As a missionary, it is a humbling thing many times for me to realize that I may be a spiritual leader to many people, but I do not have every answer. In many circumstances I would be wise to heed to advice from men and others in the church.
I work in Argentina and love Argentina as well as the people, but I have not learned everything about the culture. It almost is hard for me to say, but I am not Argentine. In those words, I believe it means that I should ask for simple advice before I make little decisions in the church. Of course I will make the decisions about what to preach, who leads, etc, but on cultural items, I should ask for opinions.
Just recently I made a church directory. Thinking that everyone would be happy and comparing my great idea to churches in the U.S., I grabbed the idea and ran with it. Come to find out, I upset a good number of people because, “we don’t want other people to have our personal information”. What …. I thought it was a great idea, but the American side of me was thinking and I acted without getting advice on what the Argentine culture does. I have done this mistake time over time, … and every time I look like an idiot.
My advice to my own self, and especially to anyone who does not want to make this mistake, is don’t be too proud to ask questions. One of the best things I learned from my spiritual father as a new missionary, was that I need to ask questions or I will never learn. I now don’t fear many times to ask questions although I may look silly, but I know that if I want to better myself and grow, I need to ask questions.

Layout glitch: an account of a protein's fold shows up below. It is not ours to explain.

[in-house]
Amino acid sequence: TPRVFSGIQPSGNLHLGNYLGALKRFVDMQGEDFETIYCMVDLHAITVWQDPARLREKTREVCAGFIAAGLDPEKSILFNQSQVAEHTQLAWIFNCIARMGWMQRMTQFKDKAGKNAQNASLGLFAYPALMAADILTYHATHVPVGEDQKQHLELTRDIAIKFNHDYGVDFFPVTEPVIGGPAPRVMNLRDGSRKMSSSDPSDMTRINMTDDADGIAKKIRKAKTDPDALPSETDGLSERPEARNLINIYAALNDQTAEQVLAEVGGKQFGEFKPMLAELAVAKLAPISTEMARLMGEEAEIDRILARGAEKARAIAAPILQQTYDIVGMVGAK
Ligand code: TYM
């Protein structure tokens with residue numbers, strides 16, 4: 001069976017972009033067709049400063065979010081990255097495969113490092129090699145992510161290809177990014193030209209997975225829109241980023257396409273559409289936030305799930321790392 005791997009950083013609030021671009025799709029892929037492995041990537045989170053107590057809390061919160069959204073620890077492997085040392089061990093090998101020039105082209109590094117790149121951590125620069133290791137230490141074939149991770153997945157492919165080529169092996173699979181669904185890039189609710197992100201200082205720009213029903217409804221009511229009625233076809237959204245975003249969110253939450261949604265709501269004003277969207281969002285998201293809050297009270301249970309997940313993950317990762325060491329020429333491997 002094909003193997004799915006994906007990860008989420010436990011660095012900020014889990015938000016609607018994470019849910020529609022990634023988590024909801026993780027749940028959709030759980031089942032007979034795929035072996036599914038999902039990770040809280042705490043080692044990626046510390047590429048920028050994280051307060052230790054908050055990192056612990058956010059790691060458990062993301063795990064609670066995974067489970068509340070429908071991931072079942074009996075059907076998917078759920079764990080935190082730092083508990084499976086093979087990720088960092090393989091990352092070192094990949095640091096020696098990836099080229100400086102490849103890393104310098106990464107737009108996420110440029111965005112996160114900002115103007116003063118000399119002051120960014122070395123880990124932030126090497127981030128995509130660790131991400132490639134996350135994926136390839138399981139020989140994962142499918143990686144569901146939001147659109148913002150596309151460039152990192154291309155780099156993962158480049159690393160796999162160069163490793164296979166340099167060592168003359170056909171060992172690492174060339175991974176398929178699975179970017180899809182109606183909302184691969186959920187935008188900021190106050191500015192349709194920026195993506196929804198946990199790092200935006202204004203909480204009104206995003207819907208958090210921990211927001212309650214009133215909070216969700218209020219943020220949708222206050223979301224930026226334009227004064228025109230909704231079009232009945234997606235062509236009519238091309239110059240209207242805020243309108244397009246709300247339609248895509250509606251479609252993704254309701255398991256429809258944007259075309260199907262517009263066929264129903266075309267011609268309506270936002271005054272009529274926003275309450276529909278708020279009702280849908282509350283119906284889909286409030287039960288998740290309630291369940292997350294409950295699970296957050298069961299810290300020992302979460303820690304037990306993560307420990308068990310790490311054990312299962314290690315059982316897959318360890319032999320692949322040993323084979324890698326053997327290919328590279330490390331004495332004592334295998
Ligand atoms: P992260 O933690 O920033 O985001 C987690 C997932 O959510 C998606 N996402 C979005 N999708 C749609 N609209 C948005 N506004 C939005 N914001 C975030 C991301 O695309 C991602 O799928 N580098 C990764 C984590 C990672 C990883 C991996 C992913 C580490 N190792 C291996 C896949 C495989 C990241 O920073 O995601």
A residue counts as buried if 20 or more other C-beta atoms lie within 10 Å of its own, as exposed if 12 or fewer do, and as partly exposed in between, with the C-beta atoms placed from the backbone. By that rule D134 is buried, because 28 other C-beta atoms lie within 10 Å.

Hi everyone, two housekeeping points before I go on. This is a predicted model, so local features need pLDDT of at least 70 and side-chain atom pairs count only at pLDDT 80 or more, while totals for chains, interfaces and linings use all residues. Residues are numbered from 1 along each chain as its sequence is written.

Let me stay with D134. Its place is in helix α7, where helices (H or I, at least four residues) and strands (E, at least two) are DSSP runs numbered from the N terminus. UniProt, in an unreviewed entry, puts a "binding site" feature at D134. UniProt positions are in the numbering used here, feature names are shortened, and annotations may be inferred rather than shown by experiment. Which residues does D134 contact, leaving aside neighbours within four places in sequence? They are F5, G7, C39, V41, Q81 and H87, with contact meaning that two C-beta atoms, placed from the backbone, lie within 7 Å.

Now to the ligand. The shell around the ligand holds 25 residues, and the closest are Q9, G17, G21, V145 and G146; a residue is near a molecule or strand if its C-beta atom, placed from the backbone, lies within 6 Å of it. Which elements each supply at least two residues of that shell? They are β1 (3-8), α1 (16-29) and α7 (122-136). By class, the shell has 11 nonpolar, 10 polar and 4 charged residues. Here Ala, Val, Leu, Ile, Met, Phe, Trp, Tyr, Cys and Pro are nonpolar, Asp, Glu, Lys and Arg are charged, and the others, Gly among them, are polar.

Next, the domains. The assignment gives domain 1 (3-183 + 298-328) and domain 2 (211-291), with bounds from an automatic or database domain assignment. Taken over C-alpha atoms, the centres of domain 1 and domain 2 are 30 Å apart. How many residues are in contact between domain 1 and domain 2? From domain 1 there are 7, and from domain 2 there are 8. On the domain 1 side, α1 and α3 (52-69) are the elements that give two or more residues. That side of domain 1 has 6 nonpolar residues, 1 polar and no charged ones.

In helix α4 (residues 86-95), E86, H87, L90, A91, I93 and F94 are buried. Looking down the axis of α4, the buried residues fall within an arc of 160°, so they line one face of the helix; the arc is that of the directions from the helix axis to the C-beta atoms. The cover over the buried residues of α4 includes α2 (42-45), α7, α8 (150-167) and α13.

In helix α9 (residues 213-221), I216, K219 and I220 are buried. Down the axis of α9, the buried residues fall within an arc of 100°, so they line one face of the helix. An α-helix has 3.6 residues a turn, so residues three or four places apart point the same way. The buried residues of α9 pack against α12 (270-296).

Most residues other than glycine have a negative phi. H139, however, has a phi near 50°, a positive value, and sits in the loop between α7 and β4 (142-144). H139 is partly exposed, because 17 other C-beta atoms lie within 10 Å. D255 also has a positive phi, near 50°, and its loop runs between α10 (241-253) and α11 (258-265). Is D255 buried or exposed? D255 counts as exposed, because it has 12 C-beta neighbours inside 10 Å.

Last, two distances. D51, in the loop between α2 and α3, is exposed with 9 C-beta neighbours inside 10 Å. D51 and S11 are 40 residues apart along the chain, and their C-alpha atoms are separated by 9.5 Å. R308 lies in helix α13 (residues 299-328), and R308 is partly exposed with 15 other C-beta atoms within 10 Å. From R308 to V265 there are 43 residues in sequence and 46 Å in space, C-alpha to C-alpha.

In I Timothy 5:1-2, Paul tells Timothy (the young new preacher) how to treat the people – the older men as fathers, the younger men as brothers, the older women as mothers, and the younger women as sisters. I personally believe that he is instructing him not to be a young, “know-it-all” preacher, rather how to respect the older as well as the younger people. It is easy to say, “God has called me”, but just because God has called or lead me does not mean that I know everything. To be very honest, we have many older and more mature people in our church than myself and I am sure that at times they want to help, but for respect don’t say anything. I should be mature enough to ask for help … and especially when it is cultural.
May we as missionaries all be wise enough to ask for help and not proud enough to think we know it all. Asking questions is a smart thing to do!